Kremer will take the mound against the Texas Rangers tonight.
By Jacob Gurvis
(JTA) — When pitcher Dean Kremer takes the mound for his Baltimore Orioles Tuesday night, it will no doubt be the biggest start of the 27-year-old’s young MLB career.
The Orioles are down two games to none in a best-of-five series against the Texas Rangers. A win Tuesday will extend the series; a loss ends Baltimore’s impressive season, in which they won an American League-best 101 games. The game will be Kremer’s first postseason appearance.
But the pressure doesn’t end there. Kremer is also likely the first Israeli to play in an MLB playoff game, a distinction he will earn against the backdrop of Israel’s ongoing war against Hamas, which launched a surprise attack over the weekend that has led to more than 1,000 deaths, including 11 Americans.
Kremer became the first Israeli drafted into the big leagues in 2015 when he was selected by the San Diego Padres. The right-hander elected to play another year in college before being drafted again the following year by the Los Angeles Dodgers. He would later be traded to Baltimore in a deal that included superstar third baseman Manny Machado. He became the first Israeli to pitch in the MLB when he made his debut in 2020.
(Recently retired catcher and fellow Team Israel alum Ryan Lavarnway became the first Israeli citizen to appear in a game after he obtained his citizenship ahead of the 2020 Olympics.)
Kremer was born and raised in Stockton, California, to Israeli parents, and he holds dual citizenship. Kremer is fluent in Hebrew and spends time each year in Israel, where much of his extended family lives. He has played for Team Israel numerous times, including in the 2023 World Baseball Classic.
“Playing for Team Israel, anytime I get to put on that uniform is special for me,” Kremer said in March, after starting Team Israel’s lone tournament win over Nicaragua. “It’s like another home. So every time I get to represent it’s one of the better feelings.”
According to ESPN, Kremer learned that he would be starting Tuesday’s game on Sunday, one day after Hamas’ attack began.
“I still want to pitch, but, I mean, it’s going to be in the back of my head,” Kremer said, referencing the conflict. He told ESPN that his family members, many of whom have served in the Israeli army, are safe.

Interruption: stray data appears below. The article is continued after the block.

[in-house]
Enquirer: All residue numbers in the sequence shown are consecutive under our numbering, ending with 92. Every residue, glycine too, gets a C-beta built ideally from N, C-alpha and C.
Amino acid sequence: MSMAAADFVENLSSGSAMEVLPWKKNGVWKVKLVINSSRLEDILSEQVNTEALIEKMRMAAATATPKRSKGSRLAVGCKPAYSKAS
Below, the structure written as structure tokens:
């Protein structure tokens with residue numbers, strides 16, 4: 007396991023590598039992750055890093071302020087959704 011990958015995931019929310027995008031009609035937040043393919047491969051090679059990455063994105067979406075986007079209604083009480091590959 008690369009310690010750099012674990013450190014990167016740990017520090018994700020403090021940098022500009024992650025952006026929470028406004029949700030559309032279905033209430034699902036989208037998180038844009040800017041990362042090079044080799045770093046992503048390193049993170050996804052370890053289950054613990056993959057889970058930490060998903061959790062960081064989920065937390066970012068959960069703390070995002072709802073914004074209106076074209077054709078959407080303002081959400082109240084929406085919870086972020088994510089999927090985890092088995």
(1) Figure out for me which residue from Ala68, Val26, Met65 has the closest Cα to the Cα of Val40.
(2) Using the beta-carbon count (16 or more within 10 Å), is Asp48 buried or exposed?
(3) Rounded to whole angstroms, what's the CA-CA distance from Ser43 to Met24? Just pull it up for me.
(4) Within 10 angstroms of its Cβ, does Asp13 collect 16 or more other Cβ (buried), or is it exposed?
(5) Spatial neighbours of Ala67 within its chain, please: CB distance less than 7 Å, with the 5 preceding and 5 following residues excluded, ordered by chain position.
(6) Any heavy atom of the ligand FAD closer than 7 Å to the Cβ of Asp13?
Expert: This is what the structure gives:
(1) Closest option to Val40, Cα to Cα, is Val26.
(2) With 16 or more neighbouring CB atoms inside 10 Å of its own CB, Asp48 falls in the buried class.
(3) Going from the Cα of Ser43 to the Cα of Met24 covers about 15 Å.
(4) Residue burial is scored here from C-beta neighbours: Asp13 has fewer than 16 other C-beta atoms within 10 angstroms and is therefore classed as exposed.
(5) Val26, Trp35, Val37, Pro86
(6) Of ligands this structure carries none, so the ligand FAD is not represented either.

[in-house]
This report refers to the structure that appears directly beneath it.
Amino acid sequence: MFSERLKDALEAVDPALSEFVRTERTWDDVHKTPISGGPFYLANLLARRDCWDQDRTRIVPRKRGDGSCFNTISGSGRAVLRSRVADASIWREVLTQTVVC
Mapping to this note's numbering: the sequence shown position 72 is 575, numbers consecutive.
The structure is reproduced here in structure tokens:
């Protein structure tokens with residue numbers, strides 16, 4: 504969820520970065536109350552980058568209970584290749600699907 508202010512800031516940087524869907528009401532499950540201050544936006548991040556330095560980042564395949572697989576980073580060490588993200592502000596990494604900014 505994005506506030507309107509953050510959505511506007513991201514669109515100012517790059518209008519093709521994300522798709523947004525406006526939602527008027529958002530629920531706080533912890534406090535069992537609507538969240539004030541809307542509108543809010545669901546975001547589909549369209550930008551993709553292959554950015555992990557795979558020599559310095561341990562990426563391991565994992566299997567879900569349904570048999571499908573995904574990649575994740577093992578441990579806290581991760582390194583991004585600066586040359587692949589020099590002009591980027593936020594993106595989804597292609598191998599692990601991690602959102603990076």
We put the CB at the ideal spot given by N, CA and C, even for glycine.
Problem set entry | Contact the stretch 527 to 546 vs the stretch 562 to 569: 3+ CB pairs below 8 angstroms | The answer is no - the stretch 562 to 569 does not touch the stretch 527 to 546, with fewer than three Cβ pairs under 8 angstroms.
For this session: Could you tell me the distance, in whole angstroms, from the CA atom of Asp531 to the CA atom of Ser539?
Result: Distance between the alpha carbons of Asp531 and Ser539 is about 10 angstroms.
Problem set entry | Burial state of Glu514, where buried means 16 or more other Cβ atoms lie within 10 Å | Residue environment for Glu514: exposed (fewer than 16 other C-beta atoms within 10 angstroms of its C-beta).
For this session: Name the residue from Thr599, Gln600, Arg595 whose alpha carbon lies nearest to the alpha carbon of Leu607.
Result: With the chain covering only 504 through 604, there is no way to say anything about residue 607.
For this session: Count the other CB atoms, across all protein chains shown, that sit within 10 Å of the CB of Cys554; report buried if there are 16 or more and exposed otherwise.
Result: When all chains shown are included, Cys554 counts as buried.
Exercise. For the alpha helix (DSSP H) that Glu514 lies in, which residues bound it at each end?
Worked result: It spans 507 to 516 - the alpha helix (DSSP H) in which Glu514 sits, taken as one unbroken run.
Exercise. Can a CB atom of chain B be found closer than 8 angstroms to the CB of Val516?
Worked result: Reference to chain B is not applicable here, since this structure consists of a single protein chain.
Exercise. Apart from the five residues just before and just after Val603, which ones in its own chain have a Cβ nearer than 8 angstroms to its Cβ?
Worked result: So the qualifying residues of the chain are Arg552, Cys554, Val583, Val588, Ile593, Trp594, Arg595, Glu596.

Orioles manager Brandon Hyde spoke with Kremer on Monday.
“Gave him my support and sympathies for him and his family that’s involved, and he seemed OK,” Hyde told ESPN. “Obviously, he’s very disturbed and there’s a lot of things going on. But I didn’t sense that it was going to affect … I think he’s really looking forward to pitching tomorrow so I didn’t think it was going to affect him.”
Kremer also said many of his teammates have checked in on him since the conflict began. “I’m very grateful for that,” he said.
Kremer, who often wears a Star of David necklace when he pitches, reposted MLB’s statement of support for Israel on Instagram on Monday, adding a line of Hebrew that read, “There are no words. My heart just got ripped to shreds.”
Jordy Alter, the president of the Israel Association of Baseball, told the Jewish Telegraphic Agency that “we are proud that Dean has earned the honor of pitching in Game 3 tonight.”
“Dean, as a representative of the state of Israel, by virtue of his dual citizenship and having played on many Israel national teams, will have the added pressure of pitching while worrying about his family and friends back home,” Alter added.
Dean Kremer pitches against Nicaragua in Israel’s first game of the 2023 World Baseball Classic, March 12, 2023, in Miami. (Courtesy Team Israel)
Zack Raab, who is Jewish and works for MLB, posted on LinkedIn about Kremer’s start, urging his network to root for the Orioles pitcher on Tuesday.
“Dean is a friend, a wonderful human being, and a great ballplayer who will no doubt be pitching with a broken but not defeated heart and spirit tonight, while representing so many of us who are feeling the same way this week. 🇮🇱💔” Raab wrote.